If you are in Washington, DC, join me today at the Shakespeare Theatre Family Fun Fair from 10:00-2:00 downtown near the Verizon Center. It should be a fun event for the whole family.
I was recently dog-sitting in Manassas, VA for my friends Tressa and Tom. It was nice to have a new community for a few days to share the Year of Giving with. On my first day there I headed over to Costco to get some items that I needed. As I was leaving I saw a man sitting with his child. I asked him to be my 234th recipient but he preferred not to participate. His name was Jeremy.
I then headed over to the Giant grocery store on Sudley Rd and picked up another couple items to have on hand for my weekend “getaway” in Manassas. I was still looking for someone else but just didn’t seem to see the right person. About a block away from the Giant there was a Family Dollar store. I drove over there and saw a woman coming out of the store.
I parked quickly and ran over to Angela who was now loading her purchases into the car. She was very friendly and open to talking with me. We talked for about thirty minutes and I have thought about her and her story every day since.
Angela is a 35-year-old single mother of five kids! The oldest is 17 and the youngest is seven. Unfortunately she doesn’t have custody of the children right now because the father (they are separated) had nearby family that would be able to help raise the children. Angela’s closest family members are in West Virginia. She works two full-time jobs right now as a certified nursing assistant in order to be able to support herself and make payments to help with childcare of her children. “I have been working as a CNA for 14 years now,” She says. “I like what I do; it’s like taking care of family.”
As we talked more I discovered that just how difficult of a time it was for Angela when she and her husband separated. It set off a series of events. She got depressed and ended up losing her job and later her home. “I slept in my car for a total of six months to get back to living in an apartment,” she told me.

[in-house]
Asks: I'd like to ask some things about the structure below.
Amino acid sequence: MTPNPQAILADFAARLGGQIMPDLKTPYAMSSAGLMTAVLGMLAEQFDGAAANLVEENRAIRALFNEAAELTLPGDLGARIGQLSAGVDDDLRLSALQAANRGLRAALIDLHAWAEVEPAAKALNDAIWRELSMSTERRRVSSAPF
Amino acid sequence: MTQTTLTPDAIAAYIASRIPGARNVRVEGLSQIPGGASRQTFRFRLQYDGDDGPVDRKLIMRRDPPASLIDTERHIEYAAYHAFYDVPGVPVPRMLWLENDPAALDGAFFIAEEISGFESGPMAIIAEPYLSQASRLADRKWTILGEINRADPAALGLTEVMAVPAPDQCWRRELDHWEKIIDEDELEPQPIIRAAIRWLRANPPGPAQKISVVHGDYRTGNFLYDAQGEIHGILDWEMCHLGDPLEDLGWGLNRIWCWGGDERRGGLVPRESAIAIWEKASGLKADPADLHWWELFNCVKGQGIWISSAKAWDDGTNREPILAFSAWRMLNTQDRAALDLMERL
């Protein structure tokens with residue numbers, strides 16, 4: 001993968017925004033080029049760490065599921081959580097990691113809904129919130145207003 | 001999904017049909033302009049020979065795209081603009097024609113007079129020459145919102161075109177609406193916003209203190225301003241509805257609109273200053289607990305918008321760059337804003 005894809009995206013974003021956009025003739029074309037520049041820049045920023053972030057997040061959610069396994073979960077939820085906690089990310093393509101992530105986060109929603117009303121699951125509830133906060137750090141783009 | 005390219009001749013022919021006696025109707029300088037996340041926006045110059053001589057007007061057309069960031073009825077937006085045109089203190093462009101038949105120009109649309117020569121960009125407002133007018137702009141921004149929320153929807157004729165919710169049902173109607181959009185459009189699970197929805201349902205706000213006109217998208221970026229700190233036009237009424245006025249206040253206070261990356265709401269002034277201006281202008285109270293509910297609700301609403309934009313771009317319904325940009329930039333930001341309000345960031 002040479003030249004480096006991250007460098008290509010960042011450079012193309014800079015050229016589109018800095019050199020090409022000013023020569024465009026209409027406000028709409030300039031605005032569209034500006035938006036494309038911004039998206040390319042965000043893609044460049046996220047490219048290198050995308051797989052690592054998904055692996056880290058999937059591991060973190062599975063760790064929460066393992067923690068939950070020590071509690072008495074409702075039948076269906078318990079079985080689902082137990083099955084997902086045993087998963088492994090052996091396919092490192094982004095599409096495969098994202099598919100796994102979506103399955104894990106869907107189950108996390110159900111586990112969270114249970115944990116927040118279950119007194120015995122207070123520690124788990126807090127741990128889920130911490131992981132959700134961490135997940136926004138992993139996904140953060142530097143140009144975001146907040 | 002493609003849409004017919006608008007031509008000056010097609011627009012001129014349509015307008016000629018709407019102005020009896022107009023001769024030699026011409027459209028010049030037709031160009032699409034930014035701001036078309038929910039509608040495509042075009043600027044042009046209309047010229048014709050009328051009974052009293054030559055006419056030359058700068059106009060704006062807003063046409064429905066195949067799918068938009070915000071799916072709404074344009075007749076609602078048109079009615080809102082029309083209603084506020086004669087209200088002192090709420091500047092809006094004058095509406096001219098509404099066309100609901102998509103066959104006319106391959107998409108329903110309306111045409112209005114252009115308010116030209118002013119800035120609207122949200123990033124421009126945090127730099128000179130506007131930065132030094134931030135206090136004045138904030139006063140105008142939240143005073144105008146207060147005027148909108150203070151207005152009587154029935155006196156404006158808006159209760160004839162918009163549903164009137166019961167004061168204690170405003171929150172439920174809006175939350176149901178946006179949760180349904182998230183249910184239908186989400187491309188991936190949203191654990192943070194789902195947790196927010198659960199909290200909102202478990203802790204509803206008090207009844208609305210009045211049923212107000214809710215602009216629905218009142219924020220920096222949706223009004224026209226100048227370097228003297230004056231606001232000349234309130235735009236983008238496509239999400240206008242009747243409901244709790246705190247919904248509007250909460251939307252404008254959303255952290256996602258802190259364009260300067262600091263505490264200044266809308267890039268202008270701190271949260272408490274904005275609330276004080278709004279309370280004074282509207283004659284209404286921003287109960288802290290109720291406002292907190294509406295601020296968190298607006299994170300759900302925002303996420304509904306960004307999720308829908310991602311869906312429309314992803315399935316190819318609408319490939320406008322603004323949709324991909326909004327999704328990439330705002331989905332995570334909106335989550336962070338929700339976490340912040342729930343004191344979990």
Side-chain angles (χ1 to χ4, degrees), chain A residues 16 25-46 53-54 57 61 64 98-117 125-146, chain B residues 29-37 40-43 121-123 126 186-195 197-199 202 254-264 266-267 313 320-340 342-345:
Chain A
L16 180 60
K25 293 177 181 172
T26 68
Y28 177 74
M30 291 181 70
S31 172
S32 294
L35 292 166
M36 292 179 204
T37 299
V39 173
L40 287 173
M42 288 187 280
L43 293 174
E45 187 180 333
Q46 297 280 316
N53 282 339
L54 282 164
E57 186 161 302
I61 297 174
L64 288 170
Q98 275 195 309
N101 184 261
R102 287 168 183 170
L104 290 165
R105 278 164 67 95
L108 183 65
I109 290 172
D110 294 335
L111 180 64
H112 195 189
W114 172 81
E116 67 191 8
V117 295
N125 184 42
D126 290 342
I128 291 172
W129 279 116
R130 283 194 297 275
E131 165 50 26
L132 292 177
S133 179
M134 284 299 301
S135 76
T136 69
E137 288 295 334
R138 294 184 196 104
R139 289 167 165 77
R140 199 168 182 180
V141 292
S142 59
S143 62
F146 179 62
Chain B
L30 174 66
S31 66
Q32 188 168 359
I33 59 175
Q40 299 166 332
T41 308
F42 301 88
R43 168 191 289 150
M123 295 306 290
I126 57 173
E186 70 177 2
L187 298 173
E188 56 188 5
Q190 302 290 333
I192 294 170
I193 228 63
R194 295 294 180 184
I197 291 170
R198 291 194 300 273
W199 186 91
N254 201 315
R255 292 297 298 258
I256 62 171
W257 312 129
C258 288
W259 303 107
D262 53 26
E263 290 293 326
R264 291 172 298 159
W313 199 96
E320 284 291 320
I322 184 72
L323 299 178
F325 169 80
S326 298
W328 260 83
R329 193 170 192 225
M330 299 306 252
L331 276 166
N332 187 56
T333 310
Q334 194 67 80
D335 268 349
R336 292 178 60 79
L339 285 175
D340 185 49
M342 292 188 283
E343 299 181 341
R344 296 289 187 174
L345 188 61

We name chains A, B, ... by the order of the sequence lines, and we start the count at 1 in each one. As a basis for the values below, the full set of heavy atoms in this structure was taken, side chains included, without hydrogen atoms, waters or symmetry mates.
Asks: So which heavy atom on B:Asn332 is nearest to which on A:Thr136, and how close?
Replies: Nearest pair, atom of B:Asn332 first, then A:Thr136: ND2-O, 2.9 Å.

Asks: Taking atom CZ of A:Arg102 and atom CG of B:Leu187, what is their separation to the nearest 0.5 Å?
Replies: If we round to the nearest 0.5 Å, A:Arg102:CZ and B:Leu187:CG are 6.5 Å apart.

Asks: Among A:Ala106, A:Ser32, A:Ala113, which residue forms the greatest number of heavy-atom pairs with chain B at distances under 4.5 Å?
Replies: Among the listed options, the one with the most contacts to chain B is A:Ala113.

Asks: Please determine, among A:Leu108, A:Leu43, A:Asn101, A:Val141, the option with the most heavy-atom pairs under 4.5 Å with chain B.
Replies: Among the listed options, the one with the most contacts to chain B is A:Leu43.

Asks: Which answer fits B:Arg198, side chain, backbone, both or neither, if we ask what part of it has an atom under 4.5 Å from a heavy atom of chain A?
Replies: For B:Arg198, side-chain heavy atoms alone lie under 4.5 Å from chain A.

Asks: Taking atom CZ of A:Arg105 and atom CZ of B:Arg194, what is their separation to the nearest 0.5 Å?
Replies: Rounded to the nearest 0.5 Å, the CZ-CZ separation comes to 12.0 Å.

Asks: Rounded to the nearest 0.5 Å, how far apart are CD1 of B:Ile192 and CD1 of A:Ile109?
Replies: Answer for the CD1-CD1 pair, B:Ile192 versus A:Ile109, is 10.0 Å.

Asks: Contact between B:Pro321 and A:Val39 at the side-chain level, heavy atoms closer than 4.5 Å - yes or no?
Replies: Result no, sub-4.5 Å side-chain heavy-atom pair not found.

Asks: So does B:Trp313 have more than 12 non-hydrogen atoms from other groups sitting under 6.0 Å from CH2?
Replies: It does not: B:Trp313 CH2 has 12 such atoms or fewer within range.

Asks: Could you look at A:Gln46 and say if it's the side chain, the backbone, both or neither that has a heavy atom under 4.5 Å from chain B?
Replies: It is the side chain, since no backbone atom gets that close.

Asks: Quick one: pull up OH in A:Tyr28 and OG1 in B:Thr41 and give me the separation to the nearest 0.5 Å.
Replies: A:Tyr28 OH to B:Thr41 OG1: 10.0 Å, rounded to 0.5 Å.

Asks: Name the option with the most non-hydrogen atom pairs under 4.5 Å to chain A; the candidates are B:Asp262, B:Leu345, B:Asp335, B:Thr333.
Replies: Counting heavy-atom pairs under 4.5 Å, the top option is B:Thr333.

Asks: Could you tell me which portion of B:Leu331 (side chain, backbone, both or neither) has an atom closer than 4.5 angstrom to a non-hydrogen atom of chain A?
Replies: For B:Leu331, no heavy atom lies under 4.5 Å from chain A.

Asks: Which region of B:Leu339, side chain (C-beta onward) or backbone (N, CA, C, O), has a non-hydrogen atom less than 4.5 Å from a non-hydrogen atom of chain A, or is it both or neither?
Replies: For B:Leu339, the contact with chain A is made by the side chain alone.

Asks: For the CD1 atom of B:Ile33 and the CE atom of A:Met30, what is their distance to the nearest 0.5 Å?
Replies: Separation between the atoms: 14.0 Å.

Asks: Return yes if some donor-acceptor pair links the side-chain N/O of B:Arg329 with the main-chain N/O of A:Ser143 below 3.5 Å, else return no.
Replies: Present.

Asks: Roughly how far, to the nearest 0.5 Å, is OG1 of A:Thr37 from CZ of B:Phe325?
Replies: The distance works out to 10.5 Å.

Angela shared this very emotional moment with me in this video clip. It’s heartbreaking to see and hear her describe such a difficult time in her life.
Angela has her own apartment now and wants to go back to school to get her nursing degree. She also wants custody of her children. “It’s really hard,” she admits. I think it’s important that Angela pursue her nursing degree so that she can have a more stable financial situation, work fewer hours and have a more active role in the lives of her children. The challenge with that is to be able to juggle nursing school while still working enough to make ends meet. If you or anyone you know is a career counselor at a school that might be able to speak with Angela and give her some guidance on how to successfully manage all that, please contact me so that I can put you in touch with her.
As I said earlier I think about my conversation with Angela every day. Meeting her and learning about her story really touched my heart. It’s people like Angela that I meet that make going out and giving my $10 away every day worth it.
She was tired and had worked all week. Angela told me that she was going to run in to the Aldi supermarket and get some groceries with my $10. I gave her a hug and walked back to my car and just sat there for a while thinking about how difficult it must have been to lose her husband, her children, her job, her house and live in her car.
Her determination and perseverance remind me of a quote by Harriet Beecher Stowe, “When you get into a tight place and everything goes against you, till it seems as though you could not hold on a minute longer, never give up then, for that is just the place and time that the tide will turn.”
Angela’s tide is turning.